Britain’s HSBC Holdings PLC (LON:HSBA), Europe's largest bank by market capitalization, says it's laying off 14,000 of its employees worldwide -- or 5.5 percent of its total workforce -- as it seeks to reduce expenses.

The London-based financial giant said late Wednesday the cuts would save up to $3 billion by 2016. The layoffs represent 5.5 percent of the bank’s 254,000 employees, which is down from 302,000 in 2011, according to the Financial Times.

The company said last month it would cut 1,149 jobs in Britain, putting the total number of layoffs at the company’s home base since last year at more than 3,300 -- out of its roughly 47,000-strong British workforce.

HSBC is viewed by many industry watchers as needing workforce streamlining badly.

"HSBC in my view is terribly bloated," Christine Houston, managing director of Executive Search Group International in Hong Kong, told CNN. "If you compare them to Citi [and] UBS, a lot of the American banks who did their layoffs closer to 2008, HSBC is just an anomaly. The number of staff is just incredible."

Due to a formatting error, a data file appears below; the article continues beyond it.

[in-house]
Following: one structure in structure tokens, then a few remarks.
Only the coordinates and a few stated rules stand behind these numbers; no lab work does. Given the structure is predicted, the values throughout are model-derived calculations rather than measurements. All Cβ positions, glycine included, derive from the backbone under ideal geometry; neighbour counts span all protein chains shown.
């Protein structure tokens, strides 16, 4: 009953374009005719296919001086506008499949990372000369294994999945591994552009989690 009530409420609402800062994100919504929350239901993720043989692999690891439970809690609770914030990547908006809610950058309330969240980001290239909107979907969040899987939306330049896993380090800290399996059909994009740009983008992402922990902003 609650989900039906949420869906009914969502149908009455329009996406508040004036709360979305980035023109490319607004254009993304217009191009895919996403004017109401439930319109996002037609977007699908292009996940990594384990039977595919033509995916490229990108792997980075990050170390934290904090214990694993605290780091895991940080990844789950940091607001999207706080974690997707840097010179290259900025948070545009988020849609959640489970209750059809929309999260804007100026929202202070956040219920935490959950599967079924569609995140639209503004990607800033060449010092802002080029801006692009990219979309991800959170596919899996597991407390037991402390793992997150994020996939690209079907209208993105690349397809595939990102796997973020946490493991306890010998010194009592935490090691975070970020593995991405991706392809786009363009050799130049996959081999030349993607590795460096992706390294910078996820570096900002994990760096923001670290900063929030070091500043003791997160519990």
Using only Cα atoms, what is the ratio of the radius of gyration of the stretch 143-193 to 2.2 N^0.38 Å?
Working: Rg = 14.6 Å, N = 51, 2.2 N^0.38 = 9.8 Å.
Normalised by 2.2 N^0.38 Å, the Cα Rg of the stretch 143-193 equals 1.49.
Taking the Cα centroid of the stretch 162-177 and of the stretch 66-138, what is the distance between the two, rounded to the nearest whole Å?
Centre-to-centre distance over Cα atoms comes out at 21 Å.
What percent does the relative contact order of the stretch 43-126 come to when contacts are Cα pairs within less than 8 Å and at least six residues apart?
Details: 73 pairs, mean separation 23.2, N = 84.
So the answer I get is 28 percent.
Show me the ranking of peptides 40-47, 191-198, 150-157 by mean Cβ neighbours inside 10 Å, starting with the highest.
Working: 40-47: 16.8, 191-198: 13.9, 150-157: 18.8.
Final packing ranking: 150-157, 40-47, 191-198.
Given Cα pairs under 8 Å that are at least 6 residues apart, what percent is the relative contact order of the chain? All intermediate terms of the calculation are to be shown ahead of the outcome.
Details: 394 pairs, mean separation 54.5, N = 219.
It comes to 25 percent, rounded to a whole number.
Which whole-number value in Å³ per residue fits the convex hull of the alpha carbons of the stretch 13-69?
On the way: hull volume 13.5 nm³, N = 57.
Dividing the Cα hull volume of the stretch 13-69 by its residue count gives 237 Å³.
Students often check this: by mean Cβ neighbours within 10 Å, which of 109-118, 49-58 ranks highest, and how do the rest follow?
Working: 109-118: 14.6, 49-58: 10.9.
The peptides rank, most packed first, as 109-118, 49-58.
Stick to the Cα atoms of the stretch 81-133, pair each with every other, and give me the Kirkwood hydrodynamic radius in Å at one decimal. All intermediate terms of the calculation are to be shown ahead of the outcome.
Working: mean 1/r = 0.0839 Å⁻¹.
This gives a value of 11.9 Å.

Besides the bloated workforce, analysts say most of the layoffs will likely take place in sluggish Europe and South America, while Asia will be largely spared, but the bank has yet to offer specific details where the layoffs will take place.

Last year's earnings weren't hit by solely by excessive salary costs. In the fourth quarter the company agreed to pay $1.9 billion to U.S. authorities after it was accused of doing business with Iran and enabling Mexican cartels to launder money. HSBC agreed to the pay the settlement without admitting guilt.